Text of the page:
The coronavirus disease 2019 (COVID-19) pandemic has taken a heavy toll on human lives, with over two million casualties so far. Equally devastating has been its economic toll. Now, a new study, which was released on the medRxiv* preprint server, describes the features and frequency of long-haul symptoms in COVID-19.
Prolonged sequelae of COVID-19
The percentage of patients who suffer prolonged symptoms, also called post-acute sequelae of SARS-CoV-2 infection (PASC), is unclear. The most common symptoms include severe tiredness, shortness of breath (SOB), persistent anosmia and dysgeusia, and cognitive impairment. However, diagnostic criteria have not yet been developed, leading to prevalence estimates from 13% to 87%.
The first figure includes cases with symptoms persisting for four weeks or more from the time of diagnosis. The second comes from hospitalized patients who continue to have symptoms after 60 days from the onset of symptoms.
Other unknowns include the association between increasing age, female sex, severity of disease, the presence of specific comorbidities, and PASC.
The current study aims to address population-based estimates of PASC in Michigan, with its demographic and clinical risk factors.
The study subjects were in the Michigan COVID-19 Recovery Surveillance Study (MI CReSS). All had been diagnosed with COVID-19 following a positive polymerase chain reaction (PCR) test. The scientists sampled about 600 subjects with disease onset on or before April 15, 2020, as determined by the onset of symptoms, a positive PCR, or referral to the health department.
Over half the subjects were females, while almost 70% were aged 45 years or older. Almost half were non-Hispanic whites, and just over a third were Black.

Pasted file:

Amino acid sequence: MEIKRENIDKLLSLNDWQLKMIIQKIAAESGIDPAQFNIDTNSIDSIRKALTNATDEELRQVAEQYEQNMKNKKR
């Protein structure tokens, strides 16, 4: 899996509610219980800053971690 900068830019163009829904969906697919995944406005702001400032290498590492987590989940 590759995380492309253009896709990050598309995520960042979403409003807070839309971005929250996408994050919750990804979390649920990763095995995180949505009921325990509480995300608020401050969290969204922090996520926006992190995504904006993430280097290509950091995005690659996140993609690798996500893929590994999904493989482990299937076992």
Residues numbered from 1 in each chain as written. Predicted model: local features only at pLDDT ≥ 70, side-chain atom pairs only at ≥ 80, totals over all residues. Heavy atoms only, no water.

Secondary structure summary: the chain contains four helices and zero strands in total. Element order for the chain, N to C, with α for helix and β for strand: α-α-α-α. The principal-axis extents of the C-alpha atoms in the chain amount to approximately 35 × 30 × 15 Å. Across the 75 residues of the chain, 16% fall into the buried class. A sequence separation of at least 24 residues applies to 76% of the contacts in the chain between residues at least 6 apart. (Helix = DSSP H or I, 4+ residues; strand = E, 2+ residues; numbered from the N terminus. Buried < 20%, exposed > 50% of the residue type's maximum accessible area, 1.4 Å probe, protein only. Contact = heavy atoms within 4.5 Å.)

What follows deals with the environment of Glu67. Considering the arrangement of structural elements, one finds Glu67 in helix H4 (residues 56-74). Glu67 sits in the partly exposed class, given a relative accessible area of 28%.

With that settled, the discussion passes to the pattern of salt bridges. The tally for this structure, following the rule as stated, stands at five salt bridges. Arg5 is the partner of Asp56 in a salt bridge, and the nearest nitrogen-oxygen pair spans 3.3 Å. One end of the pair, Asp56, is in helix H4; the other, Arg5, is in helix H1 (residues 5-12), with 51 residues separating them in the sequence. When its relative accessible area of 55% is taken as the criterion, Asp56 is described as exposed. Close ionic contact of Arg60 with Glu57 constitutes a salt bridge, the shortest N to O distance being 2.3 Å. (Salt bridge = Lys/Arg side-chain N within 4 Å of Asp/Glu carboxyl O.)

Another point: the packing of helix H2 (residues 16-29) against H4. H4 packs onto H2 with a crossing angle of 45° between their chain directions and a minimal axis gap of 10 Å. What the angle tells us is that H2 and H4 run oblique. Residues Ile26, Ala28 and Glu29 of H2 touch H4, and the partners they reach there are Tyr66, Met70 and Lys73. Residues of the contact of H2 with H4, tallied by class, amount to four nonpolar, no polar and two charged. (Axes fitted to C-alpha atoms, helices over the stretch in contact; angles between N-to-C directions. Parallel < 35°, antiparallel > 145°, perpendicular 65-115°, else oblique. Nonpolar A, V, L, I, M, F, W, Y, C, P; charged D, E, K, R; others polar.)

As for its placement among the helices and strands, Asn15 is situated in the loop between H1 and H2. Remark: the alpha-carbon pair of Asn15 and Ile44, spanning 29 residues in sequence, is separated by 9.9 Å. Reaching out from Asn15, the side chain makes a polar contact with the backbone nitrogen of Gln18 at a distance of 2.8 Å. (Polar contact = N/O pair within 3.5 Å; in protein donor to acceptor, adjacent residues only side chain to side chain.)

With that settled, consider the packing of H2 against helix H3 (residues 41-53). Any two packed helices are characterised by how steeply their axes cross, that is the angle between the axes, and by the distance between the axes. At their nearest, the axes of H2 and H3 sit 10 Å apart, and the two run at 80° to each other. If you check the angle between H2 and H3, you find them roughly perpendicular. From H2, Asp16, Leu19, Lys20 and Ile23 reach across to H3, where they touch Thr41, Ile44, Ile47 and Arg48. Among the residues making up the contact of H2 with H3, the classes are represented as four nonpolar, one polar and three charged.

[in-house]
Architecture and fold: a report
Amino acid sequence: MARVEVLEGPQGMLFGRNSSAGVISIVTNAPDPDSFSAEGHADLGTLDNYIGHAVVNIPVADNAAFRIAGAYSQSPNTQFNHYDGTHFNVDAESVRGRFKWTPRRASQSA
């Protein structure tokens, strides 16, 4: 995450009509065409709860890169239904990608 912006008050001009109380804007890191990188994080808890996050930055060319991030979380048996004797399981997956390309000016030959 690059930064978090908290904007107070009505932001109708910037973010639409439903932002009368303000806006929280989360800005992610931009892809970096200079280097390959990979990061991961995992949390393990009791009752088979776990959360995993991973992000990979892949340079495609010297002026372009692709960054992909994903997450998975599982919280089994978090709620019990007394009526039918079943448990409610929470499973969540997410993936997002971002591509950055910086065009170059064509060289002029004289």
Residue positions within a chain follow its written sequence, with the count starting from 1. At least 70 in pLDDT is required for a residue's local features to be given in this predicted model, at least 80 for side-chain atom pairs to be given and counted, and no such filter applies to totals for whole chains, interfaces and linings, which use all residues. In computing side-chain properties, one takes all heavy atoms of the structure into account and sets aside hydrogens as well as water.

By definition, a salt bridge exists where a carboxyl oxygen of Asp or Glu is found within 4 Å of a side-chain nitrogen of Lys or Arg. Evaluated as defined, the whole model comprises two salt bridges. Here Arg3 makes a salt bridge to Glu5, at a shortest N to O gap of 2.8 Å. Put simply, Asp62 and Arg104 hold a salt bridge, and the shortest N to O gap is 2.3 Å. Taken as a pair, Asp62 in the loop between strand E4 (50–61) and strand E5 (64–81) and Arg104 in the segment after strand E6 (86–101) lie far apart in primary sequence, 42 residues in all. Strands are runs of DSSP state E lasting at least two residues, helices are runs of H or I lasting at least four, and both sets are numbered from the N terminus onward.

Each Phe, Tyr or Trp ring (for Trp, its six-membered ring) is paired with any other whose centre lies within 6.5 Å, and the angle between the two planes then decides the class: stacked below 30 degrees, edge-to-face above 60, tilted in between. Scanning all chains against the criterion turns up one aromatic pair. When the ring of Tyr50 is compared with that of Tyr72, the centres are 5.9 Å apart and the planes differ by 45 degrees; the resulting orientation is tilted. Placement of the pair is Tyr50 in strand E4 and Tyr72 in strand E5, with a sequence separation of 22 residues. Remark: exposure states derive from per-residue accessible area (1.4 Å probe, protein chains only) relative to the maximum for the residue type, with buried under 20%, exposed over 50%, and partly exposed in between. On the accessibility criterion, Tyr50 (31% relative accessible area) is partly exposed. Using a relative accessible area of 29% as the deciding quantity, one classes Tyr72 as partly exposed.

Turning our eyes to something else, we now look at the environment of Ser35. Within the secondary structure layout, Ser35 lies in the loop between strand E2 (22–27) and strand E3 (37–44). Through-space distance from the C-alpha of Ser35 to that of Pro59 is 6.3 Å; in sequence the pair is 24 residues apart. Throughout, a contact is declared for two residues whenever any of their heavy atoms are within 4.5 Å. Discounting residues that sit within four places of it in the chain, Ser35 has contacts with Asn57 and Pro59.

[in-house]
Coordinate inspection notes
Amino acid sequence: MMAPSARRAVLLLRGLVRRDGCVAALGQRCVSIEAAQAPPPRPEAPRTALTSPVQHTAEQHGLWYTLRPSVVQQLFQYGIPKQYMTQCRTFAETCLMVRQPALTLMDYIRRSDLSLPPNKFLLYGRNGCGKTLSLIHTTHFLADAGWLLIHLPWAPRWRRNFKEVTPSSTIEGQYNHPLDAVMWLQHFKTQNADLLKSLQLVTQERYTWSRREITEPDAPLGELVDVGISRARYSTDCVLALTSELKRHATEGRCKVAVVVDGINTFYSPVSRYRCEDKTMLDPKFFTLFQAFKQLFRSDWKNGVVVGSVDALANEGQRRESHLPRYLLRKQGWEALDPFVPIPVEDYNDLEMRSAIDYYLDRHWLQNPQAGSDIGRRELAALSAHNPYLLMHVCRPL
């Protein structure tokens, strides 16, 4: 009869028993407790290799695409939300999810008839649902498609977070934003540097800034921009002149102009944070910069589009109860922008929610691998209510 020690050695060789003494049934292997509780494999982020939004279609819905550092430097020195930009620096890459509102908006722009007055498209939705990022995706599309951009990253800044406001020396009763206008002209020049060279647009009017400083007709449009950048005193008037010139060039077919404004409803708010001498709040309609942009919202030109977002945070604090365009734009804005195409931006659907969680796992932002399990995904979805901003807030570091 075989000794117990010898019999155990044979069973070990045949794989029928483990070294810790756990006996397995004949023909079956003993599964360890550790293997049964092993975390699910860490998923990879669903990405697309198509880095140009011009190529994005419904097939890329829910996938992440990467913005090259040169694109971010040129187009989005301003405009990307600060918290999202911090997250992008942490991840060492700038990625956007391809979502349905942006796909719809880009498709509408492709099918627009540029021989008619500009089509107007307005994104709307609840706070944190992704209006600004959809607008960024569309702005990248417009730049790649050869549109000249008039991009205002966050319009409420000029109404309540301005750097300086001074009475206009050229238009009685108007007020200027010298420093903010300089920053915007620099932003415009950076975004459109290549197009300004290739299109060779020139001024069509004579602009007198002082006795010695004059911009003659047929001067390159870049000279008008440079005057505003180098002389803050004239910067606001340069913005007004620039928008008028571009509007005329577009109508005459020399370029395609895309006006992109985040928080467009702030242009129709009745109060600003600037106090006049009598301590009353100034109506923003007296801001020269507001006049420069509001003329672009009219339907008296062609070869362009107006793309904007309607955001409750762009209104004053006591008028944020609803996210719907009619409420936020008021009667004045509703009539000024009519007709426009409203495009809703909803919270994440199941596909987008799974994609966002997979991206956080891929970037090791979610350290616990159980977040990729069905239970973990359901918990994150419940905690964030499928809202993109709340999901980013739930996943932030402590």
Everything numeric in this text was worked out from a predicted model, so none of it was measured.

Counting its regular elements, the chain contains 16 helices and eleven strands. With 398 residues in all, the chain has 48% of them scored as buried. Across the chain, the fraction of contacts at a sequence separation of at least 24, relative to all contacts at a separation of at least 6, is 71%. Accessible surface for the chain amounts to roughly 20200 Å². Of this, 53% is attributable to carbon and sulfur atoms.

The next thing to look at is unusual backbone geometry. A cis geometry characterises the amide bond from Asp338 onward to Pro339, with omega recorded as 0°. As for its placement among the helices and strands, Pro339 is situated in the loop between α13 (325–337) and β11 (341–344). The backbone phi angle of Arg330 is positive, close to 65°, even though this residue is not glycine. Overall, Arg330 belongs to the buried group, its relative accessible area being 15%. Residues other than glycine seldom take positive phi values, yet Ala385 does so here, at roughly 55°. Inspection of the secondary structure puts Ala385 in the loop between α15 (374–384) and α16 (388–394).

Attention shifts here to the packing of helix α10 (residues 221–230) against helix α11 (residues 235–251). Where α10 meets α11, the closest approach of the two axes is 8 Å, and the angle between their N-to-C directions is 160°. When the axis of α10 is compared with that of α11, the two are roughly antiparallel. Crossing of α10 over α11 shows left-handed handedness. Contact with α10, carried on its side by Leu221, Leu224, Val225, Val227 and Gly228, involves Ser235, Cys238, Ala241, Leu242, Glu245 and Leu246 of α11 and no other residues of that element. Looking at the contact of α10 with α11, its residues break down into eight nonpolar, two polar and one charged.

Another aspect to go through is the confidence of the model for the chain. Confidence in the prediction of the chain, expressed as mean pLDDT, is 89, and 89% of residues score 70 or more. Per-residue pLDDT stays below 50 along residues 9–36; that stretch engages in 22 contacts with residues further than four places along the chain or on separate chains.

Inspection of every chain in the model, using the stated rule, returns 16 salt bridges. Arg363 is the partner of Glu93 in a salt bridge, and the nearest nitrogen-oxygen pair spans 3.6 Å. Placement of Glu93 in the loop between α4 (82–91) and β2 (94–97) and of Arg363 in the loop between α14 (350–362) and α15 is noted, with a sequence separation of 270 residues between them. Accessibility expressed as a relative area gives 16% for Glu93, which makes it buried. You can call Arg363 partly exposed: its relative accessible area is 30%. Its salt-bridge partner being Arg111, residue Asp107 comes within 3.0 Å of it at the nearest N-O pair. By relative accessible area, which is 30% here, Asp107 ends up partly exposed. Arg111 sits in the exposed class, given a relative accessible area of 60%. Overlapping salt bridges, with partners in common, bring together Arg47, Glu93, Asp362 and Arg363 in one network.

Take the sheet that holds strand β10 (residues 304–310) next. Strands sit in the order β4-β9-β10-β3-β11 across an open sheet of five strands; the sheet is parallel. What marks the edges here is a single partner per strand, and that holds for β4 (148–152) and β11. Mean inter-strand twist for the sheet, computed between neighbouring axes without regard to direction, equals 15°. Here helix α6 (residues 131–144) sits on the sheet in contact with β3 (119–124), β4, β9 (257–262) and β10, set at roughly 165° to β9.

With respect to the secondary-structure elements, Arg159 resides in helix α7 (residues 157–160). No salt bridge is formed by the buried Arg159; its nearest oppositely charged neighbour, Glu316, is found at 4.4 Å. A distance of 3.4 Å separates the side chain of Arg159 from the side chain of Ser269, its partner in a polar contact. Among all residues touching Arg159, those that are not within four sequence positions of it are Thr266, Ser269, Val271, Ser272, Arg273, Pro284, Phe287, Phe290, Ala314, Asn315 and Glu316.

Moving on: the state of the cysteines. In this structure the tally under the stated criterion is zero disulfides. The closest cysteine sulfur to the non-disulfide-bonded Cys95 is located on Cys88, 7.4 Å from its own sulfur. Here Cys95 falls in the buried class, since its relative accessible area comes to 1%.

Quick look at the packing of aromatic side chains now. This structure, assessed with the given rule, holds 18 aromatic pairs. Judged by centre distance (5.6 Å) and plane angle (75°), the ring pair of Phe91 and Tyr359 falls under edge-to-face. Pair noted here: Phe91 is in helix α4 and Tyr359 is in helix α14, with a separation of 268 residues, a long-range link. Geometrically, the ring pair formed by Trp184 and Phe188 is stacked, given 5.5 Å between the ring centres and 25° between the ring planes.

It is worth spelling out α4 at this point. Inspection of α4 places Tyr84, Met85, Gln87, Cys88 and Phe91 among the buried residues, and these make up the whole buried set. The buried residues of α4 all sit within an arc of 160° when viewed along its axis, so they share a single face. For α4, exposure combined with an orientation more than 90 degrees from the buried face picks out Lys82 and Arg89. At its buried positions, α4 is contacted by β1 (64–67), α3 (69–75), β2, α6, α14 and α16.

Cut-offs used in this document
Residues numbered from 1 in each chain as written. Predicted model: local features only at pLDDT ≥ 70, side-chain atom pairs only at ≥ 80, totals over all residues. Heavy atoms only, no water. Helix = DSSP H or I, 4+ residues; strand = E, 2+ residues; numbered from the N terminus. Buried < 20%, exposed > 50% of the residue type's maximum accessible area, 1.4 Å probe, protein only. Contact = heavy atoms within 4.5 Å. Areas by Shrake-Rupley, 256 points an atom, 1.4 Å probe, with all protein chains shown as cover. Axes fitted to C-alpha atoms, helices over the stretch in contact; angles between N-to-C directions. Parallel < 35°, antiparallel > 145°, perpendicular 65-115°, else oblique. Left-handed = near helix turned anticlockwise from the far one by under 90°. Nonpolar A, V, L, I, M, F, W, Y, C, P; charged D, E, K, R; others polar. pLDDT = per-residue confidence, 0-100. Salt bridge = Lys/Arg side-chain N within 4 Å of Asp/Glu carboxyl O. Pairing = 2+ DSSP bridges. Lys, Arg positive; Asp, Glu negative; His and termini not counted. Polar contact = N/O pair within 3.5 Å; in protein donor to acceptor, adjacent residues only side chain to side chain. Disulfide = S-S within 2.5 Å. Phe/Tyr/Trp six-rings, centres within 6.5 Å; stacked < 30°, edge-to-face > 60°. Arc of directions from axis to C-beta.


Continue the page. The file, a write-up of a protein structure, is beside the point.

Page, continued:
Obesity was reported in over half, with 43% having high blood pressure, a quarter diabetes, 17% asthma, and just over a tenth cardiovascular disease.
About 40% had severe disease, while over a quarter had very severe illness. About a third had mild to moderate disease; a third required hospitalization, and a tenth intensive care.
What were the results?
Over half (53%) and one-third (35%) of patients had symptoms at 30 and 60 days post-onset, respectively. Older patients and those with more severe illness had a higher prevalence of PASC, but even those aged 18-34 years had significant prevalence, at 35% and 20%, after 30 and 60 days, respectively.
About a third and a quarter of patients with mild COVID-19 also had PASC at 30 and 60 days, respectively. Among non-hospitalized patients, the figures were 44% and 27%, respectively.
Among those with persistent symptoms by 60 days post-onset, over half had tiredness, and 44% reported SOB.
Risk factors for long-haul symptoms
In unadjusted models, advancing age, Hispanic ethnicity, and low annual household income (less than $75,000 a year) seemed to be associated with a higher prevalence of PASC at 30 and 60 days. For instance, subjects aged 55-64 years appeared to have twice the prevalence of PASC at 60 days compared to those aged 18-34 years.
When adjusted for demographic factors, other illnesses and the severity of illness, some of these apparent risk factors lost their significance. However, those with a psychological illness had a 42% higher prevalence at 60 days. In addition, those with a lower household income had a 40% higher risk at 30 days.